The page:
"Three guys: Doug Martin; Alterraun Verner; and Lavonte [David] has a little sore hamstring. Three guys were limited. Besides that, everybody else is kind of good to go. So we pretty much had our entire group out there practicing. This time of year, that's a pretty good thing. Good practice. Amazing what a win will do for you – little bit more energy. But that seemed like the Pittsburgh game really to us, kind of what we do this week. Big game ahead of us. Another great opportunity to get an NFC win on the road."

On quarterback Josh McCown saying the theme for this game will not be Lovie's return to Chicago, but that the team has a chance to start a winning streak:
"I think we've been around each other long enough for you to know that that's definitely the case. I've been a lot of places – different places. I got paid by four schools in one calendar year, so I have a lot of former places I've been to. And it's always fun playing people that you know, but no more than that. I'm sure Josh, Major Wright, Isaiah Frey, all the guys will say the same thing. We're trying to get a win against an opponent on the other side."

On if the relationships he has with former colleagues in Chicago gives more meaning to this game:
"I have relationships each Sunday with someone. This past week, I knew about three of those guys personally. Week before that, it was kind of the same thing. Again, I have friends everywhere. Definitely have some friends there. But again, it's about a football game and us trying to get a win."

On what his relationship was like with Chicago quarterback Jay Cutler:
"Had a great relationship with most of my players, I would like to think. Jay, of course, was a part of it. Jay helped us win a lot of football games. I was there when we brought him in. Again, relationship with Jay is just like hopefully it was with all the guys I had a chance to coach there."

On some possible reasons why the defense has struggled statistically:
"I think early on we just said, 'It takes a while to get the system in. Let's all get on the same page on how we're going to do things, how we're going to play defense.' If you just kind of add up how we've played since the bye week, there's marked improvement in every area, of course, leading right up until this last game. It takes a while. Simple as that. There are some things that we do; everybody assumes we just play one defense, Cover-Two, every time, and Cover-Two: no big deal. There's a little bit more to it than that and again, how we do things. It took a little longer than of course you wanted – and we're not there yet. We have a long ways to go, but I see progress being made each week."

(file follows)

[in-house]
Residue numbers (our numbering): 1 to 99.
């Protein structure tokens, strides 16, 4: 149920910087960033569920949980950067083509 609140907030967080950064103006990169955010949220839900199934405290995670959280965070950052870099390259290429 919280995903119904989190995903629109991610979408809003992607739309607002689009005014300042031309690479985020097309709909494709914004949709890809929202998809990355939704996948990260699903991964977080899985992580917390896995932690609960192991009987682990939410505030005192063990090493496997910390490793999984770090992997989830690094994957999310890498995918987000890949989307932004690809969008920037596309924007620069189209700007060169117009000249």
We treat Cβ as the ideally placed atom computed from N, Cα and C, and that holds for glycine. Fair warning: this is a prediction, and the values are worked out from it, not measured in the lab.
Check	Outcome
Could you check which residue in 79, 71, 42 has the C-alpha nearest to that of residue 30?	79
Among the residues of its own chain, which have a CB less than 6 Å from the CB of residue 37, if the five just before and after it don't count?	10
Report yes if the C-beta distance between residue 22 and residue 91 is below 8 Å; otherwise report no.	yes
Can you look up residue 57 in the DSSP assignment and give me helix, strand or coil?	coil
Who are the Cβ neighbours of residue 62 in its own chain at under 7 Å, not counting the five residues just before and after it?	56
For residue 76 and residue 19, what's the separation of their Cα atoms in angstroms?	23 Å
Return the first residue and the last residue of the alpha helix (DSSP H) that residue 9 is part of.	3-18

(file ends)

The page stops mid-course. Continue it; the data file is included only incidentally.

On if he has shown the team film this week of Chicago defensive players creating takeaways:
"Yeah, I showed takeaways last week is what I did, from different people. This week, we'll kind of concentrate more – since we had some – on our takeaways a little bit. Again, we look at the league throughout and what's good that's happening that kind of relates to what we're doing each week. That's a base part of what we do."

On if defensive end Jacquies Smith has been a catalyst coming off the left edge:
"Those Smiths have a way of doing it, don't they? Yes. Just very pleased with what the guy's done. Jacquies has come in – doesn't say an awful lot. Has excellent speed for a guy rushing off of the edge, good bend, plays hard, has gotten the part down about taking the ball away. Just like everything the guy's done. Has earned more and more playing time each week, I might add too. We kind of go on what we see on video. Starting to notice him quite a bit."

On what he remembers most about his days as head coach in Chicago and if it was soured by how his time there ended:
"No, not at all. My memories of my time in Chicago are all great memories. I have lifetime friends from Chicago that will always be a part of our family. You talk about the opportunity I was given by the McCaskey family. It was all good memories. I don't have many bad memories on any place I've ever been. We spent a lot of time there. Still have homes there. Need to buy one? No, but my wife is from Chicago and there's nothing but fond memories from that time there. It's a part of my past. But a part of my past that I will always cherish."

On if the team loses to Chicago, would he view that as a step backwards:
"Didn't cross my mind. That's looking at the glass half-empty for sure. For us, we do want to build on the win that we had and some of the positive things we've been doing. Seen progress quite a few weeks. Just about every week, we've seen some good things we've done. We've done a couple of things we would like to have back that's really cost us. But last week, I thought it was a – play 60 really hit home for us this past week, and yes, we want to build on that offensively, the passing game. But getting our running game going a little bit more. And defensively, we did take the ball away, we were better on third downs. Some of the areas – we scored on defense, so the team goals that we have each week, we were able to do that. But we want to see it two weeks in-a-row."

On if he agrees with running back Bobby Rainey comparing rookie running back Charles Sims to Chicago running back Matt Forte: